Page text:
Isn’t it unbelievable how relationships change over time? I was a difficult teenager and a distant twenty-something for my mom, but now she is one of my best friends. One thing I love about my mom is that she is up for anything – meaning that she will accompany me on whatever quirky little adventure.
So when I called my mom at 6:30 in the morning and asked if I should buy tickets for The Greenwich Village Literary Pub Crawl for our NYC weekend, she (of course) said,”Sure!”
Although I don’t want to give any spoilers for those who may attend this tour in the future, I hope to give a glimpse into the three hours I spent in the Village on a sunny autumn afternoon.
Our tour began at the White Horse Tavern (est. 1880), where we convened with our tour guides (both very cool looking – a goth woman and a bearded guy with a newsboy hat) as well as a literary crew of tourists, mostly from New York State, all nerdy – just like us!
Welsh poet Dylan Thomas was the featured author at the White Horse, where he wrote his lilting yet highly emotional poetry…and literally drank himself to death. The White Horse is also the site of graffiti antagonizing belligerently drunk beat writer Jack Kerouac as well as a place frequented by one of my all-time favorites – James Baldwin.
Our crew then walked through the winding streets of the Village. Thank goodness for our guides – one can easily become lost here. I find O’Henry’s description precise:
In a little district west of Washington Square the streets have run crazy and broken themselves into small strips called “places.” These “places” make strange angles and curves. One Street crosses itself a time or two.
Our next stop was the Kettle of Fish, a dive bar sectioned into two parts – the bar itself on one side and then a separate room with tables and chairs. Mom enjoyed a local beer (recommended by our guide), while I sipped a Guinness. I have never been a day drinker, and I worried about drowsiness, but our tour guides were so intriguing that it was not an issue at all.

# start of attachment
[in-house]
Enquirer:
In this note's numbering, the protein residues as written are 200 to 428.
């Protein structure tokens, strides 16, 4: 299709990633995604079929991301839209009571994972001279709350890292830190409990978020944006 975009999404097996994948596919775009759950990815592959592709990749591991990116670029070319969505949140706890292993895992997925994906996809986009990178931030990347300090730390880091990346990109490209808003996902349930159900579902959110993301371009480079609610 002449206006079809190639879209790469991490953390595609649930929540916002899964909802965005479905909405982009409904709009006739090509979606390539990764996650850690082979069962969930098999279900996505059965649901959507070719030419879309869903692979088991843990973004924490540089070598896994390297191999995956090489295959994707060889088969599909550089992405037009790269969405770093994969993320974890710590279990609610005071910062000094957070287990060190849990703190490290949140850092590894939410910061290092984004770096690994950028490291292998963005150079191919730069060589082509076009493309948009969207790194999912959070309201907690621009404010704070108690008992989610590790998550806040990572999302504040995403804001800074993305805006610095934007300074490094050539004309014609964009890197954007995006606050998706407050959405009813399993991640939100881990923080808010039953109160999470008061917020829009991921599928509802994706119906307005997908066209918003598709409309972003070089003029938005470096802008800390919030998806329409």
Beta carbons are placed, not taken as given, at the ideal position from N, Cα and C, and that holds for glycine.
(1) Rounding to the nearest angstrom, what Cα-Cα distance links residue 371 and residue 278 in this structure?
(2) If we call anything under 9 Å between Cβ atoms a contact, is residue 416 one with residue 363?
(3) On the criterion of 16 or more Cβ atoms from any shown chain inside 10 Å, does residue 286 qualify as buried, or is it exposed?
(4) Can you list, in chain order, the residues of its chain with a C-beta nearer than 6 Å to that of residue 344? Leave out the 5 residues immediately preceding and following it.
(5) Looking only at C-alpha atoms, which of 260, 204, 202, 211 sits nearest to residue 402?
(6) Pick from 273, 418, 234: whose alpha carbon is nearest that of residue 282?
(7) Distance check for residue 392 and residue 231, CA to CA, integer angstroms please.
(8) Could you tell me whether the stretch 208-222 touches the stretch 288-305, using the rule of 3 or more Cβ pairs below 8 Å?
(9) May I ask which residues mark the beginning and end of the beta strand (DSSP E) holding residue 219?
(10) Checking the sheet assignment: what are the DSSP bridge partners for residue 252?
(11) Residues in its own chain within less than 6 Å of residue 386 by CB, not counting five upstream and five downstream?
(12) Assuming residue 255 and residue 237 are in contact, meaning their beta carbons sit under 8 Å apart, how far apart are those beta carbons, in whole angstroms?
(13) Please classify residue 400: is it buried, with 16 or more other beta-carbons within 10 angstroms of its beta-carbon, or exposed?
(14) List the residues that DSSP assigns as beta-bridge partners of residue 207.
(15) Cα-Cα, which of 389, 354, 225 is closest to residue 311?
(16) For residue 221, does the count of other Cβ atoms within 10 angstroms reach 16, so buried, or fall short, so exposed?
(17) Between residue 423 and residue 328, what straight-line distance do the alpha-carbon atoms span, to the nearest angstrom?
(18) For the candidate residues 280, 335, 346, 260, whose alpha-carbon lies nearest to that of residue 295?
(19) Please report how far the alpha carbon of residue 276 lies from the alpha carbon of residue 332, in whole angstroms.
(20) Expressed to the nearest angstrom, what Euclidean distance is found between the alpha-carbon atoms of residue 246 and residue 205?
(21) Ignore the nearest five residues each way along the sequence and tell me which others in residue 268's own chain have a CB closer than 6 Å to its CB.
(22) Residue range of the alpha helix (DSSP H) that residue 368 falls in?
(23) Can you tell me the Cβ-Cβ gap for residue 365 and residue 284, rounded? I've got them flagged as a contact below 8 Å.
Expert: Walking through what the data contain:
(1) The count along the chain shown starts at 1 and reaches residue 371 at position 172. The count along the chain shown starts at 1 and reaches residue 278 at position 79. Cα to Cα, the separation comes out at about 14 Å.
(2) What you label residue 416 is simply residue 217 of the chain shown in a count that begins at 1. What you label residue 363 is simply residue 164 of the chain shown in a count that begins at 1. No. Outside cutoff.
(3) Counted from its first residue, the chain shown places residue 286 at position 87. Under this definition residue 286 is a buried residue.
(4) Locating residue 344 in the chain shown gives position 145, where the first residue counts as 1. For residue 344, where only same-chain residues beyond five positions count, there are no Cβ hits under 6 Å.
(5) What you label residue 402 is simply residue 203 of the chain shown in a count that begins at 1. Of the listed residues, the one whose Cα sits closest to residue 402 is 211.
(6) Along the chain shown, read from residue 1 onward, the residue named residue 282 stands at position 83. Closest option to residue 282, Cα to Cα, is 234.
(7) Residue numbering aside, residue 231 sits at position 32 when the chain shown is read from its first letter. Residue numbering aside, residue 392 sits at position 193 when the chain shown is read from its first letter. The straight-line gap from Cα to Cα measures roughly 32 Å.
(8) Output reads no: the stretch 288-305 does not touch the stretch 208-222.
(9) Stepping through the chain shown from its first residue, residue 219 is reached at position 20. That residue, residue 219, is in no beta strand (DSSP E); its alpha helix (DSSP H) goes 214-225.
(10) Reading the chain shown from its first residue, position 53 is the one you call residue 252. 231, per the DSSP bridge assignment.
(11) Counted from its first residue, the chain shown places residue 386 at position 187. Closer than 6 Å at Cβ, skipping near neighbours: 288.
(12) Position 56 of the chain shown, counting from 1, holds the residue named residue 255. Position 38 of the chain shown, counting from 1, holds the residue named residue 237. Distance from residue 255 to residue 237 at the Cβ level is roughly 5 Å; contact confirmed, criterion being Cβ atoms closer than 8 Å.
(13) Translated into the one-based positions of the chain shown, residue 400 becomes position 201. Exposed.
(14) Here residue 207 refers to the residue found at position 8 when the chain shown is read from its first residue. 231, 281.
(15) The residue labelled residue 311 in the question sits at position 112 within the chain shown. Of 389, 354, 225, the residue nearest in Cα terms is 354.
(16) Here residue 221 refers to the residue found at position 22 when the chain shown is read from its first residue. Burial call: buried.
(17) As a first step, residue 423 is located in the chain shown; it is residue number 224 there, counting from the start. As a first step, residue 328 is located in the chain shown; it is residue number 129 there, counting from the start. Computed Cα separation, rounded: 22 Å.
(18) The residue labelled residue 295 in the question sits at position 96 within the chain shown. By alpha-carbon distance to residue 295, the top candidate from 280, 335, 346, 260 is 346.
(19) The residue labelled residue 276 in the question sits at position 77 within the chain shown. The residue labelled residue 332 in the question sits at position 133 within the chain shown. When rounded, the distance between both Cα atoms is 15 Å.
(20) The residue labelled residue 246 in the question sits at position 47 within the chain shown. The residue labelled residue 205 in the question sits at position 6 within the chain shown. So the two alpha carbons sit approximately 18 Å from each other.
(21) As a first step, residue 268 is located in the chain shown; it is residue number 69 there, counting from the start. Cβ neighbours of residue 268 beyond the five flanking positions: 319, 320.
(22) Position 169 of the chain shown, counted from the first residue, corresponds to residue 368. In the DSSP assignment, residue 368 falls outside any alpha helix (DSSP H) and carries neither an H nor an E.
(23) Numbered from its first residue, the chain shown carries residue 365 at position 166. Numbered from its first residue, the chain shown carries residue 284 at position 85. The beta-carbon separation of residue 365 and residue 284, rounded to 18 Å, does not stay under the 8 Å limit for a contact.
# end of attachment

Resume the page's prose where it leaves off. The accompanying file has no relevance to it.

One of the highlights of the tour (for me, at least) was seeing the guides act out a wussy fight between Andy Warhol and Bob Dylan over the Factory’s it-girl Edie Sedgwick. The truly violent storytelling emerges, however, as the guides tell of the severe beating of Jack Kerouac outside the bar after a long night of drinking. (Inference: Jack Kerouac was not a popular guy in these parts.) However, the Kettle does preserve Jack’s memory by housing the famous bar sign used in a well-recognized portrait, and later featured in a 1993 Gap Ad.
As we left the Kettle of Fish and made our way through the winding streets once more, we stopped outside the home of famed poet and openly bisexual woman Edna St. Vincent Millay, whose education and talent brought her from rural Maine to the Village in the early 20th century. Our goth tour guide impressively recited St. Vincent Millay’s poem “Thursday” from memory.
After a brief stop outside of famed speakeasy Chumley’s, with it’s sliding window door, we arrived at Grove Court, the setting of O’Henry’s immensely touching short story The Last Leaf. Sample of this well-crafted narrative:
The most lonely thing in the world is a soul when it is preparing to go on its far journey.
Across the street was the home of the poet Hart Crane, a tragic figure estranged by his homosexuality and alcoholism. Despite these struggles, Crane, inspired by T.S. Eliot’s The Wasteland as well as his obsession with the Brooklyn Bridge, attempted an epic poem of the history of America, which was well-known but highly criticized. Crane’s life is truly sad and fascinating – I continue to research him when I can.
Our penultimate stop was Marie’s Crisis, site of the pauper’s death of Crisis papers writer Thomas Paine. A colorful moment at this location was when a woman with bright red lipstick (not a member of the crew) crept up behind Mom and I and proclaimed to the group:
Welcome to the Village! Where the streets aren’t straight, and neither are the people!
And, as quickly as the tour had began, it ended at The Stonewall Inn, considered the birthplace of the modern LGBT rights movement. In 1969, in an era when police routinely raided gay bars, the inn was the home of violent riots between the LGBT patrons and the police following the death of gay icon Judy Garland.
This tour made quite the impression on me. I have provided a mere snapshot here, as so much more information was presented by our knowledgable and enthusiastic guides. I was left with the following question:
How do writers persevere despite challenges related to trauma, alcoholism, and persecution for homosexuality and gender?
I have only recently began to identify myself as a writer (despite writing since childhood), and I face my own struggles with not only life’s challenges but also with making the mental and physical time and space to write. I haven’t yet found my community of writers, but on this tour, I felt at home. It was heartwarming and encouraging to spend an afternoon with a group of people as interested in writing and literature as I am (and to know that my mom is one of them!). This warm feeling had lingered within me ever since.
This post was written out of personal interest. I paid my $20 (seriously a bargain) just like any other customer for this incredibly worthwhile tour! I highly recommend visiting The Greenwich Village Literary Pub Crawl’s Website for more information. The tour meets every Saturday at 1 pm at the White Horse Tavern (567 Hudson Street on 11th).